Ecology is one of the few sciences that looks to try and understand, or at least begin to have a look at, the level of complexity in the world. But even there in ecology, it is the simplified abstract models that have gained much credence amongst scientists. One carrot -> one rabbit -> one lynx. More lynx -> less rabbits -> more carrots. Maybe some dozens of kinds of algae feeding a handful of grazer plankton feeding some small fish or sea-jellies. But not hundreds and thousands or millions of species interacting. But at least it’s a step in the direction of looking at multiple interactions. We probably need a medical paradigm change, ecological medicine, rather than narrower tunnel vision to figure out cancer or heart disease or auto-immune dysfunction, etc. Looking to genetics that accounts for an extremely small percent of cancer won’t get us there. For example, the BRCA genes in the news currently account for 1 to 3 percent of breast cancers, at most. Diet and environment account for approximately 80% of such cancers. Yes, we should change where we spend our money on cancer research. But no, without computers as extensions of our brains, we lack the ability to deal well with such levels of complexity, other than on some deeper intuitive level. (And of course it is that deeper shaman-mind where most reductionist scientific discoveries come from too.) But we won’t get there if we trust some programmer in the cloud to do our computing for us without understanding, at least to some degree, how that works. Or if we never learn to think quantitatively, analytically, and synthetically. Creative thinking builds on these.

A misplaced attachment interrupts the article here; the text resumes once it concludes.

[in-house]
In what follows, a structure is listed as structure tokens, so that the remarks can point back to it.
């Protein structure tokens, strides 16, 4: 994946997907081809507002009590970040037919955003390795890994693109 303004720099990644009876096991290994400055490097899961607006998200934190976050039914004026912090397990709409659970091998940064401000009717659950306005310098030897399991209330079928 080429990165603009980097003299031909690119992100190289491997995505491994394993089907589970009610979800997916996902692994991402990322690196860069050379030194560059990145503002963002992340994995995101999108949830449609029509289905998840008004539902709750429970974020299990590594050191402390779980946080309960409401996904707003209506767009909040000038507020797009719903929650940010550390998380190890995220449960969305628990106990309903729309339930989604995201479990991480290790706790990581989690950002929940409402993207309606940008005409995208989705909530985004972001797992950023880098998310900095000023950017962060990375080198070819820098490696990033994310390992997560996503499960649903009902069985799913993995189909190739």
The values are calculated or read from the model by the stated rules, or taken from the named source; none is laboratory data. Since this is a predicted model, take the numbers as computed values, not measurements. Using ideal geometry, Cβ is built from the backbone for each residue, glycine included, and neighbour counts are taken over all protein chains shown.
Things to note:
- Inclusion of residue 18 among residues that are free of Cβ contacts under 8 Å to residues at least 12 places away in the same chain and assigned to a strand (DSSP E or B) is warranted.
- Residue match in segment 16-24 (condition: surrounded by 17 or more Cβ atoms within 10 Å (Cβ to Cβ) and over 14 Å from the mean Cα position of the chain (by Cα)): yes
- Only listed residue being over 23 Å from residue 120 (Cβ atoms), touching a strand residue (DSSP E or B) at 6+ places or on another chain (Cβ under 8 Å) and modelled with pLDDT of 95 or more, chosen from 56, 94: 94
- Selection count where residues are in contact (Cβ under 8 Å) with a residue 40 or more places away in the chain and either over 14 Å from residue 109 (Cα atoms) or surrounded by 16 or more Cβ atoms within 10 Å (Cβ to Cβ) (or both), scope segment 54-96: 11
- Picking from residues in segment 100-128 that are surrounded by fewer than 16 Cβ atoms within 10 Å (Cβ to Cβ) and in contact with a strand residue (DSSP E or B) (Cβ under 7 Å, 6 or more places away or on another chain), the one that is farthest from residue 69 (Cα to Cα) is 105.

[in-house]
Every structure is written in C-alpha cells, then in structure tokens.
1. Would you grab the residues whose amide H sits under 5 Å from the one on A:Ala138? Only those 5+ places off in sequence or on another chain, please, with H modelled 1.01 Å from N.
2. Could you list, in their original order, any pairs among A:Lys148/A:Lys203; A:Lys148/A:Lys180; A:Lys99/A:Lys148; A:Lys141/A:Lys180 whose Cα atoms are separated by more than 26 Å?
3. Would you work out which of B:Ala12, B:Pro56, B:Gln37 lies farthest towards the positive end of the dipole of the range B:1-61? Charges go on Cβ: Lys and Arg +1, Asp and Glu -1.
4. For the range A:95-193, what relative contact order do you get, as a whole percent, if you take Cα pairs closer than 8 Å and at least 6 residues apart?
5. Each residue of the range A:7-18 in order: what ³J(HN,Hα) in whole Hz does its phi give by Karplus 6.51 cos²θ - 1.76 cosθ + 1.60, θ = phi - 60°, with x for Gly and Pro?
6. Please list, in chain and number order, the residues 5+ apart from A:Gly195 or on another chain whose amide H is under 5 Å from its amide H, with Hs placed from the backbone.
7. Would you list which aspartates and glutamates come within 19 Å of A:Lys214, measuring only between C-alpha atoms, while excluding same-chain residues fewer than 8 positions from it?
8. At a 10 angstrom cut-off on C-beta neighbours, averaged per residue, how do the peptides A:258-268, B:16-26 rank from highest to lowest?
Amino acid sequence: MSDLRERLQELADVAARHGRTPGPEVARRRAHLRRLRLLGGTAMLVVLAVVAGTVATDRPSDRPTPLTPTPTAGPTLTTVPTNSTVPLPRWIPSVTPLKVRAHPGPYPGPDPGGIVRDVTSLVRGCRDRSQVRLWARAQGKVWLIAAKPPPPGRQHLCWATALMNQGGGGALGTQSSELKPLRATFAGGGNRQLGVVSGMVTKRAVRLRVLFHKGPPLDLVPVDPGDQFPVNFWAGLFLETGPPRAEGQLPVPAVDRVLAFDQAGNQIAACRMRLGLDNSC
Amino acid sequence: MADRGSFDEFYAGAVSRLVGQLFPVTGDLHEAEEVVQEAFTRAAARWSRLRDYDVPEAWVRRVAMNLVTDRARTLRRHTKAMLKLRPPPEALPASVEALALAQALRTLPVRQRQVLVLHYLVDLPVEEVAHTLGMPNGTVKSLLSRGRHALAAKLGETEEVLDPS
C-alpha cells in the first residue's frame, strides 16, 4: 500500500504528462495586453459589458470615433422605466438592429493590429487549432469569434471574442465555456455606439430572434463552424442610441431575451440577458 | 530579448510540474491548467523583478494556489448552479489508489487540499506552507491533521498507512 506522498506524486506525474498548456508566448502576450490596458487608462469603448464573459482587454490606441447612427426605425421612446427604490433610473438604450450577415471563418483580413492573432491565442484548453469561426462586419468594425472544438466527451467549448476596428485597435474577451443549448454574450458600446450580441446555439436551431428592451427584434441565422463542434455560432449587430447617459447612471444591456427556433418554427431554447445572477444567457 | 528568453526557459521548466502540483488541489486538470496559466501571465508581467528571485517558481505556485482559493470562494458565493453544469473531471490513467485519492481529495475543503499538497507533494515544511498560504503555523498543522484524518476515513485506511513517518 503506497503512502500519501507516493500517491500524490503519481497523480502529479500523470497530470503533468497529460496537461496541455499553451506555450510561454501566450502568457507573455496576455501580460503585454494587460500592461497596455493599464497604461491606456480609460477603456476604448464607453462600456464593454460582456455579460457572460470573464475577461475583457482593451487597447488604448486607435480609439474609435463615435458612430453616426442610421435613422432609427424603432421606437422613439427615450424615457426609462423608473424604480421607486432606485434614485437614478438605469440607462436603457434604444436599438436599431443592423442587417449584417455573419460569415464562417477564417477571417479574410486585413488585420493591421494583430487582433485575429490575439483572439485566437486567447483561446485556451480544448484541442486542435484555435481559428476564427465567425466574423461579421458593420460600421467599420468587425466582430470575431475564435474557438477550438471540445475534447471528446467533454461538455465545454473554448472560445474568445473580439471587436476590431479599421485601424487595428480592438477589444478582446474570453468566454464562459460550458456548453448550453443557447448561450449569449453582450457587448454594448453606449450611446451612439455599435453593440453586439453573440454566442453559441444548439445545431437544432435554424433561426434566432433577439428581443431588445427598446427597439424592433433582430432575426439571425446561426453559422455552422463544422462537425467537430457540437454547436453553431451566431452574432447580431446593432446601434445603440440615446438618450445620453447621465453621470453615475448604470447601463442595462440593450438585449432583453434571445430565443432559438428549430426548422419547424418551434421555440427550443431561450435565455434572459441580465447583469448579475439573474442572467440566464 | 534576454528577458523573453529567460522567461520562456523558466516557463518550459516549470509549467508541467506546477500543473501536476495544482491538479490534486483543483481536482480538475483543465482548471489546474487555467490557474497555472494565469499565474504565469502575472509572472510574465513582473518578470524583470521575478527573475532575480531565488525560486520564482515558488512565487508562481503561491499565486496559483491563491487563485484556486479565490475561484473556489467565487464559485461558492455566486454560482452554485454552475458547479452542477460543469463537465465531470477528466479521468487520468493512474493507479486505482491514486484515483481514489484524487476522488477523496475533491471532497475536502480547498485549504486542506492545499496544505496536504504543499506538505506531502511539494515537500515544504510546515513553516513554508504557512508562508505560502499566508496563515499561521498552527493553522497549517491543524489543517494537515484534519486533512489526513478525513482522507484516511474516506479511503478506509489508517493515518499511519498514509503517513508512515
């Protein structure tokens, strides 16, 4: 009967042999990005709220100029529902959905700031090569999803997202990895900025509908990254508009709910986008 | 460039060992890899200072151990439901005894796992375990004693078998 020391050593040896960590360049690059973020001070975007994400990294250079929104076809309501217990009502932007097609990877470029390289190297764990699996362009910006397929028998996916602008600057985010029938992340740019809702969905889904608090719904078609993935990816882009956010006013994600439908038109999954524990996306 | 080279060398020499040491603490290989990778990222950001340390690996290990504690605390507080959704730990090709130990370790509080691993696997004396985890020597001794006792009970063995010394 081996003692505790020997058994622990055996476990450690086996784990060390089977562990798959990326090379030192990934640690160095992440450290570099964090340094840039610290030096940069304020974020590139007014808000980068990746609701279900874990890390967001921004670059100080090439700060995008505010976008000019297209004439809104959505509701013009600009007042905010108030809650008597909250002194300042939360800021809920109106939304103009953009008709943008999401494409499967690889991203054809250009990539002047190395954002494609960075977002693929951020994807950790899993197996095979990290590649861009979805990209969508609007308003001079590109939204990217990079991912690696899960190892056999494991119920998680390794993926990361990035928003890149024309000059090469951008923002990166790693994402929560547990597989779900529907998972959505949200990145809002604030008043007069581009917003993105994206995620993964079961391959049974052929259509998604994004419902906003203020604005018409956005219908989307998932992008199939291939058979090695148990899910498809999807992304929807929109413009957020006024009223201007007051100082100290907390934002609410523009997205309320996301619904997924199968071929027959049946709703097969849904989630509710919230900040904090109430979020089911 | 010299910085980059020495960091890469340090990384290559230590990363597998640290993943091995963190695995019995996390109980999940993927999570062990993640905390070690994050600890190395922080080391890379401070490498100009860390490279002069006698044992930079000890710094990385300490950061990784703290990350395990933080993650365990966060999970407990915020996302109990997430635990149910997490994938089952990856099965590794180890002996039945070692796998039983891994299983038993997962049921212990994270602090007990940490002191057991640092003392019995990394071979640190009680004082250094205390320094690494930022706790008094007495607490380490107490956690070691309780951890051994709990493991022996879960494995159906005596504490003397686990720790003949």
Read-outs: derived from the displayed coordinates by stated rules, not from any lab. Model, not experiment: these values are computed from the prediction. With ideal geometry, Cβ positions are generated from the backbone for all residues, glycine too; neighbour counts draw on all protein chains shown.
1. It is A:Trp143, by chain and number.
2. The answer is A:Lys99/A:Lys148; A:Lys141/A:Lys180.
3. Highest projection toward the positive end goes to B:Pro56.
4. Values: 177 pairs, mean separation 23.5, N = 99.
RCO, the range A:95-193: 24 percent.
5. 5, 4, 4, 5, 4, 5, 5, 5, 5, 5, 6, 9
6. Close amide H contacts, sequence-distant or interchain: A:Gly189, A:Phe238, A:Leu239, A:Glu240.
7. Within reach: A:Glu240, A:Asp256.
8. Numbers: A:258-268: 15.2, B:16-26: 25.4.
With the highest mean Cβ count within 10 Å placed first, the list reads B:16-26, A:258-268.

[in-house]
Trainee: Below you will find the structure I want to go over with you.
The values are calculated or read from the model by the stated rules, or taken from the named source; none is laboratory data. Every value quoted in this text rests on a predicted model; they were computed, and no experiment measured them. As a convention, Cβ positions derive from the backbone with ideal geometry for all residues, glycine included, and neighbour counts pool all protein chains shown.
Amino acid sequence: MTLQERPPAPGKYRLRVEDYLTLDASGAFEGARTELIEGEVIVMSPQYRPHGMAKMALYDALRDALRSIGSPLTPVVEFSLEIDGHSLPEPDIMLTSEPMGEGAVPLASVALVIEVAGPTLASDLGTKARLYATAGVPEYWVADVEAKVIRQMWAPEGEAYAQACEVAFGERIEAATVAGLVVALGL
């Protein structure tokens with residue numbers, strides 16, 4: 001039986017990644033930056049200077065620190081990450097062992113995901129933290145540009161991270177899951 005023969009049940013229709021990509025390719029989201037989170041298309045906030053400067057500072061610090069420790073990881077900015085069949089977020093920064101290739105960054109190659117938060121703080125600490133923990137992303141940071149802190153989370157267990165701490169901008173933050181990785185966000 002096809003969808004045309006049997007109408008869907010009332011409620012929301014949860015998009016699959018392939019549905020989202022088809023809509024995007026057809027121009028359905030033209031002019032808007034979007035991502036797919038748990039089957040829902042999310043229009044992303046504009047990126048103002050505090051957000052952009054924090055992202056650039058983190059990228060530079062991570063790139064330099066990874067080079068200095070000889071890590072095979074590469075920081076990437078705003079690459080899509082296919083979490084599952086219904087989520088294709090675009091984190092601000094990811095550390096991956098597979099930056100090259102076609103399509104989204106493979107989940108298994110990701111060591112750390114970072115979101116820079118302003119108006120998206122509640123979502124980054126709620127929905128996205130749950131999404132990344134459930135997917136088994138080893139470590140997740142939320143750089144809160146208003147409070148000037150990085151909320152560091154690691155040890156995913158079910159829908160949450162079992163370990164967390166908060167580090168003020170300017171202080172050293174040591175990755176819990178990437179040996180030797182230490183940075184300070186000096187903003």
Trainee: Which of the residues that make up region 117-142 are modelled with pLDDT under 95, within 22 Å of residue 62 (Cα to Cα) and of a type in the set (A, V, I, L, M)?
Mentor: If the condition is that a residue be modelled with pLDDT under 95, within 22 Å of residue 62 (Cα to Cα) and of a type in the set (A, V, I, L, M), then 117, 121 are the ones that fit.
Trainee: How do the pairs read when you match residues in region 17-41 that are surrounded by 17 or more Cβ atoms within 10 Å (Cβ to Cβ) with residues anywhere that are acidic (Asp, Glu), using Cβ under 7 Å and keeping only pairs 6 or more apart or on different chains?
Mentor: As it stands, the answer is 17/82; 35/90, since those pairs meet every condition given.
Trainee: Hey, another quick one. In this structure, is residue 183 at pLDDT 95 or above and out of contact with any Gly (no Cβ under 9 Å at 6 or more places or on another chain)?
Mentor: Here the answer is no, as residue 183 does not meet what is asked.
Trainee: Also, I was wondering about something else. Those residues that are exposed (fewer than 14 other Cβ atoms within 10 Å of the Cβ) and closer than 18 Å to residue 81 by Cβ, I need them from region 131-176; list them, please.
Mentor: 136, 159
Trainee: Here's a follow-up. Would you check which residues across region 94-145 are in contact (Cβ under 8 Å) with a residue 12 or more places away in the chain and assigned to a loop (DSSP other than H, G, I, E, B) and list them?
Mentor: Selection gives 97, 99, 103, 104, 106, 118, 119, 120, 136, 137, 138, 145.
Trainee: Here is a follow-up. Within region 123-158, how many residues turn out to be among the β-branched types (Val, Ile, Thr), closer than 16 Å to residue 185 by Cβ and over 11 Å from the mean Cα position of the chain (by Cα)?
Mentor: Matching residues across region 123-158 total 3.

Analysis and synthesis are supposed to complement each other. So cook good nutritious meals for the kids that you all share together. And do let them take apart the broken television and put it back together before you take it to the recycling center. And DO let them do it when they are first curious to – not “later, after you grow up.” Curiosity is precious. Foster it! (BTW – Do unplug the TV first before it gets attacked by kids armed with screwdrivers and pliers. I learned that particular lesson the hard hard way as a teenager while fixing the radar during a storm in the ice berg lanes of the North Atlantic. The radar needed fixing, but could not be shut down, much less unplugged. I do not recommend that particular school of hard knocks for kids!)